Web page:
Image: Graves of nine unknown Federal soldiers in Pontotoc County, Mississippi. Photo by Flickr user NatalieMaynor, used under Creative Commons license. Text of Douglass speech from Philip S. Foner and Yuval Taylor, Frederick Douglass: Selected Speeches and Writings.

6 Responses

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  1. OhioGuy said, on May 30, 2016 at 12:18 am

    One of my favorite writings of one of my most favorite Civil War era people. And, my favorite passage in this speech is: “We are sometimes asked, in the name of patriotism, to forget the merits of this fearful struggle, and to remember with equal admiration those who struck at the nation’s life and those who struck to save it, those who fought for slavery and those who fought for liberty and justice.”

    I attended a Memorial Day service today conducted by my SUV camp. During the ceremony we sang among other things a song entitled “Faded Coat of Blue.” This is the GAR version of that song. I always find it very moving. I’ll try to post it tomorrow.

    • OhioGuy said, on May 30, 2016 at 5:24 pm

      Well, in looking for the words to “Faded Coat of Blue,” I actually found an article I wrote back in 2012 for the Buckeye Bugle, the state newsletter for the SUV. This article contains the first verse of this song. If my fingers don’t get too tired, I might later today type in the other two verses. It’s a short article, and I’ll post it here, because yesterday’s ceremony followed the same script:

      Townsend Camp celebrates “Decoration Day” at Frost GAR Hall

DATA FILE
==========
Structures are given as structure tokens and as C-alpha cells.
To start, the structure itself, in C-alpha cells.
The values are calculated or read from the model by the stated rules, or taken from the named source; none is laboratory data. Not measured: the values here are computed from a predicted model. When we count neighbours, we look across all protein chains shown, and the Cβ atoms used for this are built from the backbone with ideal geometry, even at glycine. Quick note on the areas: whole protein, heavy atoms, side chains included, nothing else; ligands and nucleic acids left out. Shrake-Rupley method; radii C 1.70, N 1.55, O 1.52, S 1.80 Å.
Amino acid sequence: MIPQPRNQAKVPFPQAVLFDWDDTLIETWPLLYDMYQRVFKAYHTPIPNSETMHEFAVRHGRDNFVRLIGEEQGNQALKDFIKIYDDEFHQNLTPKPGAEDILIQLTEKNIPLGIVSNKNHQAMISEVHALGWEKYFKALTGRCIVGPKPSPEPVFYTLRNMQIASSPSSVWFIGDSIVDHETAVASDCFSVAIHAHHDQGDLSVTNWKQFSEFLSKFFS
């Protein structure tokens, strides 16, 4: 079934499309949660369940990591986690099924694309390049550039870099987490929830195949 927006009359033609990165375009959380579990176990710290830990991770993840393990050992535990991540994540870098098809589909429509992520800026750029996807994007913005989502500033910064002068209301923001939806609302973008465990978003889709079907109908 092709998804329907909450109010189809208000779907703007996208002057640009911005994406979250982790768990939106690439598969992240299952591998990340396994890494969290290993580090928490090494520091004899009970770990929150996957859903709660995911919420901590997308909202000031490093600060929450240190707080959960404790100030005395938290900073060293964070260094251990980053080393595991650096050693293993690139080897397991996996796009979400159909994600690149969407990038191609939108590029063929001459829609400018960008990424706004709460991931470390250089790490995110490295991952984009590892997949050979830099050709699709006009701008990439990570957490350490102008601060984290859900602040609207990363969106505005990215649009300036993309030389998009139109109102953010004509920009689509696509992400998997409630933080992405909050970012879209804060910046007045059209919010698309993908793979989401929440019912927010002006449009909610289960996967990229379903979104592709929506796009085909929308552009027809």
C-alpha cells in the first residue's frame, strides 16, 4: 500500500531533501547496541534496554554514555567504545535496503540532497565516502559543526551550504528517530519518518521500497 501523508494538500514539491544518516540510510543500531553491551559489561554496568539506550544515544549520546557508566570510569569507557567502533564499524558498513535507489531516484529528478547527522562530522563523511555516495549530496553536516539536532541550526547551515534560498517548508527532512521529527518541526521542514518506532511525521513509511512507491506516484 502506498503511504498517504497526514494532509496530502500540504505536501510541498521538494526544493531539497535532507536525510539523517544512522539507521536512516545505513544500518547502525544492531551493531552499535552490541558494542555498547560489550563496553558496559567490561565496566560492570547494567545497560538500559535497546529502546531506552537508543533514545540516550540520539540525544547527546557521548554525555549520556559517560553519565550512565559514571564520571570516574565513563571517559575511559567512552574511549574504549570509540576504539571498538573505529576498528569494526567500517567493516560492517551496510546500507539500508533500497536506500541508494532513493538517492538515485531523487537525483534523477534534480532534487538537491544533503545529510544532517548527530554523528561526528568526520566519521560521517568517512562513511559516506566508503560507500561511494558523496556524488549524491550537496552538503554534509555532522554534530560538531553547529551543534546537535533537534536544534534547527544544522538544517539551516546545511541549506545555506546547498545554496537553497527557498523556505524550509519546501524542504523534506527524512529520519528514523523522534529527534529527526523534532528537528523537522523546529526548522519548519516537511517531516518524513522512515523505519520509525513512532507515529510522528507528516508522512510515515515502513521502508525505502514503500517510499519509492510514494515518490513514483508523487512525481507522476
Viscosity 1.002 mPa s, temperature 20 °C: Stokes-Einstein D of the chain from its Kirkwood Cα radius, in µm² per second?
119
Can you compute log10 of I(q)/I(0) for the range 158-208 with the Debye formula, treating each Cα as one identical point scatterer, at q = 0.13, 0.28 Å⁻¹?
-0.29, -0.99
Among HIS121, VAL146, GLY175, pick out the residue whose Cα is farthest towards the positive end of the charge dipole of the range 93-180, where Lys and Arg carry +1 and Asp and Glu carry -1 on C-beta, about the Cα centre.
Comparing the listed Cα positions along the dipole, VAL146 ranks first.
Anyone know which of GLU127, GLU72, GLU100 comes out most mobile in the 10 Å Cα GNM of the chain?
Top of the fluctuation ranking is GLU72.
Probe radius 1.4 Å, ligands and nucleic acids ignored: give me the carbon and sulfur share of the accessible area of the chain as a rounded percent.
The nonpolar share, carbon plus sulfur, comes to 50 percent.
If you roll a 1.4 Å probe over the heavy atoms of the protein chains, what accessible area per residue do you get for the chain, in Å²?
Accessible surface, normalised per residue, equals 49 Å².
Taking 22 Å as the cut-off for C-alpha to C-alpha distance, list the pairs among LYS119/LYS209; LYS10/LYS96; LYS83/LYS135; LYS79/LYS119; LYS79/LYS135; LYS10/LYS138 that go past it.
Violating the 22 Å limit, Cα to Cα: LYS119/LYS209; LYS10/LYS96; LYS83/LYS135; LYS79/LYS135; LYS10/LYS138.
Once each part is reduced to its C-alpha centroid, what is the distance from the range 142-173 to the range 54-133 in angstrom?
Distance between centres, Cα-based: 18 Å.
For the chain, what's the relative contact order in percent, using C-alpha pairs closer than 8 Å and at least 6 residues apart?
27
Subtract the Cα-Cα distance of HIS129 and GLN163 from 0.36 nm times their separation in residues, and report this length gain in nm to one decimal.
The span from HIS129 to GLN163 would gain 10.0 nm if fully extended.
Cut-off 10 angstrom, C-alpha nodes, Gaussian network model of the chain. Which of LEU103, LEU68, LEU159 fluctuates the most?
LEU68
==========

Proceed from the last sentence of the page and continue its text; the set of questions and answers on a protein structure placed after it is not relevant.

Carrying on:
By Br. Carl Jón Denbow, Townsend Camp

      Sunday afternoon, June 3, John S. Townsend Camp 108 held a delayed Memorial Day celebration at Centennial Church in the southeastern Ohio Athens County hamlet of Frost . About 35 people, including SUV Brothers, families, re-enactors, and community friends attended. Highlights included patriotic songs by the Camp’s choir, a talk concerning holiday traditions by Camp Commander Martin W. Lowery Sr., a musket salute in the church graveyard, and decorating graves of veterans with flowers.

      A song performed during the ceremony, “The Old Blue Coat,” has special significance. The song’s sheet music was found inside Frost GAR Hall on a faded page from a 1903 GAR songbook. Both the choir and those who attended joined in singing the song with gusto:

      “Father’s musket, rusty and brown, hangs inside his study door;
      Just above it, worn and faded, is the old blue coat he wore,
      When he marched with dashing Sherman, from Atlanta to the sea,
      ‘Neath the tatters of ‘Old Glory,’ in the war to make men free.

      “Yes, the old blue coat is faded,
      Tells me a story true,
      How a soldier fought for freedom,
      When the dear old coat was new.”

      After the indoor ceremony, which included singing the “Battle Hymn of the Republic,” a reading of the Gettysburg Address, a responsive reading based on Longfellow’s poem, “Decoration Day,” and a recitation of the Pledge of Allegiance, attendees relocated outdoors to the cemetery. Following the ceremony there, participants retired to Frost GAR Hall for a potluck meal and fellowship. Conversation among Brothers and guests dwelled upon the service of veterans – – particularly that of the “Boys in Blue.”

  2. Neil Hamilton said, on May 30, 2016 at 9:34 am

    The thing all Heritage advocates need to get pass is that there WAS a right side and a wrong side during the Civil War. As an NPS ranger said in a presentation, “How can one lament the fall of the Confederacy and still love the United States?”

    Thanks for posting, Andy. Very much appreciated.


  3. Brad said, on May 30, 2016 at 12:59 pm

    It is always wonderful to read this speech and I look forward you to posting it every Memorial Day.

  4. chancery said, on May 30, 2016 at 6:46 pm

    Andy, thank you for posting this always moving speech.

  5. Reed (the original, accept no substitutes) said, on June 1, 2016 at 3:32 am

    Yes, thank you for this annual reminder. A great speech and, it seems, more relevant with each passing year.